As a smart person (reputedly Phil Karlton) once said:

“there are only two hard problems in Computer Science: cache invalidation and naming things”. Having been busy developing several product projects, Bonusbox product team finds that the adage rings true.

One of our findings is that using project codenames could be a good idea. At least in the development stage.

While the approach might appear trivial. I’m finding at least three reasons in favour of project codenames.

Names carry meanings

Awkwardly, those meanings are a matter of perspective. As clear as you might be, different stakeholders in the process will interpret names differently.

A more neutral signifier, such as a codename, will force focus on the project description and prevent assumptions based on a name.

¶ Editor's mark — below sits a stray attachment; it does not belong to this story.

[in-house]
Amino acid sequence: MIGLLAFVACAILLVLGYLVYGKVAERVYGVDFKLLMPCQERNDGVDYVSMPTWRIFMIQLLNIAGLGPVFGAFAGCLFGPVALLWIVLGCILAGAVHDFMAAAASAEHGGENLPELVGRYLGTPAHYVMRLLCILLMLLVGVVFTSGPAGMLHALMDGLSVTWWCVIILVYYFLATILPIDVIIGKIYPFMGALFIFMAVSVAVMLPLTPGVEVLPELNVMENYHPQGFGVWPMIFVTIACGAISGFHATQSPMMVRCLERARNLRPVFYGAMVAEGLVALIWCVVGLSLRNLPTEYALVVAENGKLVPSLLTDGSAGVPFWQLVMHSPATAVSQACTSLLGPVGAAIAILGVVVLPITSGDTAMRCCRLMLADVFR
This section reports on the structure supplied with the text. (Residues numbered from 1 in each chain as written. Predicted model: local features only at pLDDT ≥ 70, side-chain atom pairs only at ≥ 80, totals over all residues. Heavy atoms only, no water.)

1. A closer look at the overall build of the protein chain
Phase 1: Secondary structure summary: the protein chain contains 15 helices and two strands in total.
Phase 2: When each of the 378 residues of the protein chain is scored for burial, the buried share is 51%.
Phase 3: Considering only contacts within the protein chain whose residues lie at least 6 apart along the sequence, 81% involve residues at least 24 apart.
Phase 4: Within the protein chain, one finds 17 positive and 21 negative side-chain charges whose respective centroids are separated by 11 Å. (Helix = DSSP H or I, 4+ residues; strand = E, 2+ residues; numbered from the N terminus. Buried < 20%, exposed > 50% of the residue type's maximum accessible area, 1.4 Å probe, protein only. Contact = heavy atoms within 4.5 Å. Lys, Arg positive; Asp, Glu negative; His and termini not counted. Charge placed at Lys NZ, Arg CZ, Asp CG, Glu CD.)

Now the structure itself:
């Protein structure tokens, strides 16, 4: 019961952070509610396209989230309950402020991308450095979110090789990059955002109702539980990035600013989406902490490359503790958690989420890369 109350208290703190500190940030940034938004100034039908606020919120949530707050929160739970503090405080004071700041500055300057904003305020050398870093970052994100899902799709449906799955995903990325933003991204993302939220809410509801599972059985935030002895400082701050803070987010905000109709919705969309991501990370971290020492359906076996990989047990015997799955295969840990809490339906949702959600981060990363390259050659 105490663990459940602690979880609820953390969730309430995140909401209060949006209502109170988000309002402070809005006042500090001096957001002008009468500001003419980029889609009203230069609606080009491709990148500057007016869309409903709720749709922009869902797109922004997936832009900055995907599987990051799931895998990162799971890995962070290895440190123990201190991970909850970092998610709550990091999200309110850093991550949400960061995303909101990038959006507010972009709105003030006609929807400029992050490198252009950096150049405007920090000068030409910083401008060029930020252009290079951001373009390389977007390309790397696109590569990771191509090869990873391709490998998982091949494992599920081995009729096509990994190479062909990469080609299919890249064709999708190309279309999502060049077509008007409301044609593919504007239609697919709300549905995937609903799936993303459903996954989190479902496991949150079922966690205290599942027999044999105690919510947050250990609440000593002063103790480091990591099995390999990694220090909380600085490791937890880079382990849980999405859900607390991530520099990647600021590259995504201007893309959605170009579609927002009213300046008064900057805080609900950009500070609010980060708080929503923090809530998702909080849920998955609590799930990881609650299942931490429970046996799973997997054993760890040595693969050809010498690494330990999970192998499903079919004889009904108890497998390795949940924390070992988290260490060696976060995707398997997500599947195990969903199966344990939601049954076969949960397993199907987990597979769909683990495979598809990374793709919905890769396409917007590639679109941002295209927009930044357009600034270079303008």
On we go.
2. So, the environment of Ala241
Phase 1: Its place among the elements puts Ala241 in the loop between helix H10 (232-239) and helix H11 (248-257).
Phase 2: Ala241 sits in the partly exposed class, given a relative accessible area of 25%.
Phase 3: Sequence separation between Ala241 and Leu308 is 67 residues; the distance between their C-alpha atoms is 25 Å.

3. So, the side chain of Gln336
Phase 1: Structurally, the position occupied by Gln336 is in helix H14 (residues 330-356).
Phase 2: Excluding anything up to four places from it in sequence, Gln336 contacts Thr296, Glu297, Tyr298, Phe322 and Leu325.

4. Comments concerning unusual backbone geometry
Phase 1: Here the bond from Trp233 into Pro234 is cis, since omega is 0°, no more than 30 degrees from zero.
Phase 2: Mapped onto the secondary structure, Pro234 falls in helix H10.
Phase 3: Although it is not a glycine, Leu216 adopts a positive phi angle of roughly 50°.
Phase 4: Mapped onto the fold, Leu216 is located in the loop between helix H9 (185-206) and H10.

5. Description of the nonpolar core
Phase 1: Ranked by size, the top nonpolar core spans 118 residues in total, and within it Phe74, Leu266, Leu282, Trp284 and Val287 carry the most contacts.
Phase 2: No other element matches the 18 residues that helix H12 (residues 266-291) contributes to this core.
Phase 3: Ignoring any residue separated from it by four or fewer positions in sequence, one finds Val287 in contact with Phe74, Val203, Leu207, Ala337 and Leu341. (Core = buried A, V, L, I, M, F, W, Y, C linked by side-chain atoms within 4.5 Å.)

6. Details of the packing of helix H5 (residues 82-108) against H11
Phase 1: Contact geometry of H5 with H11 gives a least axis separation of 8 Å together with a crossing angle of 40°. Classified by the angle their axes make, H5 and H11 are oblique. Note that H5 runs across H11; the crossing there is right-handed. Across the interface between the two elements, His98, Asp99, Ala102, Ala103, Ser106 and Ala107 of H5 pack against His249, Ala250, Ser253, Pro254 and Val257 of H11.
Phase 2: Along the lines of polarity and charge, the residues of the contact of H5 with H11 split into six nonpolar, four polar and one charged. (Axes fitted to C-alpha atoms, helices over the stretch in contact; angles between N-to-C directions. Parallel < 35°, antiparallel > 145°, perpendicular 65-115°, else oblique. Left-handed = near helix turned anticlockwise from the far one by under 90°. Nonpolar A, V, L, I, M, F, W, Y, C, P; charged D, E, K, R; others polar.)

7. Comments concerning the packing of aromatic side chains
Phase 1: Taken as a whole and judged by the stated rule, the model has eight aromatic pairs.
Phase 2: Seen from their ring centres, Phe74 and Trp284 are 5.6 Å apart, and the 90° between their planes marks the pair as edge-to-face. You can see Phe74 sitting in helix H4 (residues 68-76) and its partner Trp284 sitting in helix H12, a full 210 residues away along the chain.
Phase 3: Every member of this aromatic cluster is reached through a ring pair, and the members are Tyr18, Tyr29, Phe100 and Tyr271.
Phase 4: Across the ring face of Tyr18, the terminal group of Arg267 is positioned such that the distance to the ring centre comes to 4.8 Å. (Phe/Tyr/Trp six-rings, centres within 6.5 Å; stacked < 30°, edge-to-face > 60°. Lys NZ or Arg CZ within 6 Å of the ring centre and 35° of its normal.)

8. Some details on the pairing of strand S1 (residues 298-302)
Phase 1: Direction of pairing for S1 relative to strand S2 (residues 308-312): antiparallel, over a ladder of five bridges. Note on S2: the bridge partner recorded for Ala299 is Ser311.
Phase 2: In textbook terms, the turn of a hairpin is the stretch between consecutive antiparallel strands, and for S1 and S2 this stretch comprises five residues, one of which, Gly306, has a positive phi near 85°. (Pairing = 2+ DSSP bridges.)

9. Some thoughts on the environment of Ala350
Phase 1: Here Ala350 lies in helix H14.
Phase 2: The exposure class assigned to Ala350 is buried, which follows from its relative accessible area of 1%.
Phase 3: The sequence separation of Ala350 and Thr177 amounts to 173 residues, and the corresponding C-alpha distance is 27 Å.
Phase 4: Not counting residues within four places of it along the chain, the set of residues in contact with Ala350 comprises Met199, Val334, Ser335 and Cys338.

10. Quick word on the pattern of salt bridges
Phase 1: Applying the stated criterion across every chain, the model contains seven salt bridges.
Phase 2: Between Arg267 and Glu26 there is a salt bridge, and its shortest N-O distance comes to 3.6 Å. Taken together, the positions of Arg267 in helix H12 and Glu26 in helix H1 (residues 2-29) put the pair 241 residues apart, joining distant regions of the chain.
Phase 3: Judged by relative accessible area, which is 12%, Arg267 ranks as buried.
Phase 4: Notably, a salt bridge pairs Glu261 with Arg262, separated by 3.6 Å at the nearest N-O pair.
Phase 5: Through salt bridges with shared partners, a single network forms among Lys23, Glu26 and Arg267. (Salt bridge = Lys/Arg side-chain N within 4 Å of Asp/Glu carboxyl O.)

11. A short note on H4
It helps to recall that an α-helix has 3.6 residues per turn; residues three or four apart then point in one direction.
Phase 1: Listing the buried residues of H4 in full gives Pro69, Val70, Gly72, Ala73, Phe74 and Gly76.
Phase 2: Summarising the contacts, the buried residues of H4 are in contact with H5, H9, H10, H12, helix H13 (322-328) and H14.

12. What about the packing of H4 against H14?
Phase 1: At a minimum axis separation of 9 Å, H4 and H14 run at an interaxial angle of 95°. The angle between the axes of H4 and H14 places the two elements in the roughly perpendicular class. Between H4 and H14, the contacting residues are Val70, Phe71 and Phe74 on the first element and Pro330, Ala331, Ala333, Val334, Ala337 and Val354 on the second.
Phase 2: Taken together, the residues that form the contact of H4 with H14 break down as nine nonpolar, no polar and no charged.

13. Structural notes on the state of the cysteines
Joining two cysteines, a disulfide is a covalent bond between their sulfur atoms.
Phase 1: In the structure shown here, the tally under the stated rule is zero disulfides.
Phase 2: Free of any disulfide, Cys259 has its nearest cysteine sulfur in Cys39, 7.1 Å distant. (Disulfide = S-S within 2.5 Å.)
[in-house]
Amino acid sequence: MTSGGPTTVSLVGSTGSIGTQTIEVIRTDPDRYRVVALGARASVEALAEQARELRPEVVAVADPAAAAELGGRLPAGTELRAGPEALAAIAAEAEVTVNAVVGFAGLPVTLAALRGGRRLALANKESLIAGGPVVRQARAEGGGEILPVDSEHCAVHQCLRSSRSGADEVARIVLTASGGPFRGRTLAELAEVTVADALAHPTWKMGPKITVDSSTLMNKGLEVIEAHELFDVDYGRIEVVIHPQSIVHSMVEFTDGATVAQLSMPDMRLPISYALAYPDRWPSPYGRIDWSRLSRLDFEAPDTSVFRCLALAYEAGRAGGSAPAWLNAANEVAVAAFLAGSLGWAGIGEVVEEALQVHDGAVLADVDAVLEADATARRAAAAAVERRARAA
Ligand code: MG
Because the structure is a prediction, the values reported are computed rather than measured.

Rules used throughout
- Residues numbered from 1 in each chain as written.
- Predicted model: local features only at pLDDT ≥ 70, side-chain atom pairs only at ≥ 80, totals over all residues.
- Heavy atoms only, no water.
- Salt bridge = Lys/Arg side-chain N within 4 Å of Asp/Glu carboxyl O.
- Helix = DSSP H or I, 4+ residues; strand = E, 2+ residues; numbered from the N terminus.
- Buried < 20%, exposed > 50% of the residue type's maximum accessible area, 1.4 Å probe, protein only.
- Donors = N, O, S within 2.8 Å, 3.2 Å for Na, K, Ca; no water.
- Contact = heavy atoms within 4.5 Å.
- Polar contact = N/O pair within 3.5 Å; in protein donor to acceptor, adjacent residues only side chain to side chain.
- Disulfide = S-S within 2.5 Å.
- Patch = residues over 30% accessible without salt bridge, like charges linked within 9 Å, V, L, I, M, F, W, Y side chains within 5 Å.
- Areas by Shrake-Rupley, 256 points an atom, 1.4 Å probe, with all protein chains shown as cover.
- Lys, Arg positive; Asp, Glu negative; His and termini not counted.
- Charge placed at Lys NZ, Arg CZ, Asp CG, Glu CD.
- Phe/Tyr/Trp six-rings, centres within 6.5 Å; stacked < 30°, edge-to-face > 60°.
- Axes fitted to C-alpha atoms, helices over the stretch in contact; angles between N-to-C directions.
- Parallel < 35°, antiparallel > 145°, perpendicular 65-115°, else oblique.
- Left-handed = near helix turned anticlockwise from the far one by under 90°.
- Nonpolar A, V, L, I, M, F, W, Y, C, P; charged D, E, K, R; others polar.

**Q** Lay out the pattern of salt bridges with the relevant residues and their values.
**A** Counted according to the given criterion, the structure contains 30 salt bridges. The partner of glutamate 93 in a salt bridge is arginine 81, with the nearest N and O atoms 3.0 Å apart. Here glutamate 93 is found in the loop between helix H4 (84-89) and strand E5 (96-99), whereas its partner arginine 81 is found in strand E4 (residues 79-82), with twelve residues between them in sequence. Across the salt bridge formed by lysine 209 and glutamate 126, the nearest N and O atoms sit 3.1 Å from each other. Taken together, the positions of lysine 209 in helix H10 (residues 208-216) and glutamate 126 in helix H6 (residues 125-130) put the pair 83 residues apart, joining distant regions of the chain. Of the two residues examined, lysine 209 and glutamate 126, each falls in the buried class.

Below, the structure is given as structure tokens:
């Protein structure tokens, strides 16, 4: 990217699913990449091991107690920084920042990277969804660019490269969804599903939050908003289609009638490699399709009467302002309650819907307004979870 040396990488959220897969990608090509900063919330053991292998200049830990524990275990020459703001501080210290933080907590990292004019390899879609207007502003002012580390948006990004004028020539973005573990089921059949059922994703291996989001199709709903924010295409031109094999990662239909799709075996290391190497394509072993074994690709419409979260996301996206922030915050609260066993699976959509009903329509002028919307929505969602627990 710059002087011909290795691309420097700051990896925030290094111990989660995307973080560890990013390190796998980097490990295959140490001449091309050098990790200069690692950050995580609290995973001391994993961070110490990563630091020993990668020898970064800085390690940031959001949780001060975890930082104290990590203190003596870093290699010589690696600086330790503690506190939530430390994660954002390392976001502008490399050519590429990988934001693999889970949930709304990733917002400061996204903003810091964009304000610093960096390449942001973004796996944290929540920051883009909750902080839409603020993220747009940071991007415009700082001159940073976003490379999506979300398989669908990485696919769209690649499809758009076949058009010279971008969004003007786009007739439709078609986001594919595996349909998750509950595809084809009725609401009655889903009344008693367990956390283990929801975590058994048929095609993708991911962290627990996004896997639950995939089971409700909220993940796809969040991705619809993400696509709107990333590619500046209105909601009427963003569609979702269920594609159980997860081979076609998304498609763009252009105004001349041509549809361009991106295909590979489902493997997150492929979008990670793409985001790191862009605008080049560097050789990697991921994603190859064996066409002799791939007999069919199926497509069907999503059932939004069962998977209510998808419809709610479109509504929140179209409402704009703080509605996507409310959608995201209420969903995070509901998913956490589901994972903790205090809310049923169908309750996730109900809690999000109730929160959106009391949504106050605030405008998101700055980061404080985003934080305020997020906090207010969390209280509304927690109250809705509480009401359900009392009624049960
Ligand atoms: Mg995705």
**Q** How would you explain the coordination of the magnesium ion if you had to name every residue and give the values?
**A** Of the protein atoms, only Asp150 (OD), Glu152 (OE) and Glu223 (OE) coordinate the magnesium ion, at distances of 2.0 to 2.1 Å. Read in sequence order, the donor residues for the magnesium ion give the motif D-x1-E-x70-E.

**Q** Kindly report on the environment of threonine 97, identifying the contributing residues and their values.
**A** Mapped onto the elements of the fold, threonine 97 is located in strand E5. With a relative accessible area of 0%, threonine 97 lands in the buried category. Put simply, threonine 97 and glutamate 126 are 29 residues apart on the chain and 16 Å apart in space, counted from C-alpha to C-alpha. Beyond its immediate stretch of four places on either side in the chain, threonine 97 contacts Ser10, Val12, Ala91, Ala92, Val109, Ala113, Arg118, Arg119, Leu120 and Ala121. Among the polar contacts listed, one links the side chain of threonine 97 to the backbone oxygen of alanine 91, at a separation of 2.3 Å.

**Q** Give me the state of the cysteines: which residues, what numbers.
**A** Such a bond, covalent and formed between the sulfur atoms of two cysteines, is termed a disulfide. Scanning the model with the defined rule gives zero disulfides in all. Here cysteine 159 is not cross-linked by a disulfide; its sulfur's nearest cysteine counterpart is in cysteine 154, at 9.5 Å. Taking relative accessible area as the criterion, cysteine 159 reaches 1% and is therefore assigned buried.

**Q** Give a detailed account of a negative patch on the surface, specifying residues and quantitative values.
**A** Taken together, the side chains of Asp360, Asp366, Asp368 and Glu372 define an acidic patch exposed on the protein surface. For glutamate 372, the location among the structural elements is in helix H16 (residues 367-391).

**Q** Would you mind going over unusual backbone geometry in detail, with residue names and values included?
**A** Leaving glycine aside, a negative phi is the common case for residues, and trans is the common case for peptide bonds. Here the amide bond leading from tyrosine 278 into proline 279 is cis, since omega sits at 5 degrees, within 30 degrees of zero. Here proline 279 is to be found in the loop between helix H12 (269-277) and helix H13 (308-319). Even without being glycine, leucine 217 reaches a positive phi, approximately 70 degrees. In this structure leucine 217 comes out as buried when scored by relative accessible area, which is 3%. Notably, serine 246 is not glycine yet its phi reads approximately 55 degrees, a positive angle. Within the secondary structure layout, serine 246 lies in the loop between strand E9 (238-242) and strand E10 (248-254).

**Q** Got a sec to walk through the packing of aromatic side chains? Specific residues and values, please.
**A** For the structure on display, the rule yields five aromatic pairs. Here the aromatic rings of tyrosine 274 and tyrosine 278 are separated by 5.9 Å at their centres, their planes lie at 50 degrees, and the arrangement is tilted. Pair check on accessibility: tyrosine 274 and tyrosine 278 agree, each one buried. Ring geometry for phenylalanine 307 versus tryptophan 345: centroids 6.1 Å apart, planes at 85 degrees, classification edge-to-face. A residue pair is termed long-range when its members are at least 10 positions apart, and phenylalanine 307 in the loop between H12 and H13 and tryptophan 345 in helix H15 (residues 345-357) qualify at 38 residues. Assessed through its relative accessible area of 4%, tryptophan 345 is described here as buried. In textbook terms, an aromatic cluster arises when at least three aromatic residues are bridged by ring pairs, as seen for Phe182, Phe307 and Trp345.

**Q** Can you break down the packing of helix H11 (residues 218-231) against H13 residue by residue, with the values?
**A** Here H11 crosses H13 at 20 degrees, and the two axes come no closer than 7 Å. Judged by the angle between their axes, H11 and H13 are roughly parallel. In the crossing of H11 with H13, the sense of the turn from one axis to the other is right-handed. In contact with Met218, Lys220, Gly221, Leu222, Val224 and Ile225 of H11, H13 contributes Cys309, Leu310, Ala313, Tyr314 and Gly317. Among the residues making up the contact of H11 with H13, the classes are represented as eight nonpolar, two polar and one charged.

Names stick

As many of us with unusual names can testify, names stick and misnomers in particular!

It is nigh on impossible to get the market-facing name right at the beginning of the project. A codename will give you space to make the important naming decisions at the right moment.

It’s fun

Would you rather work on “Ubuntu 5.1” or on project “Breezy Badger”? “Adobe Photoshop CS” or “Dark Matter”? How about “Android 4.0” or “Ice Cream Sandwich”?

Yeah, I thought so too…

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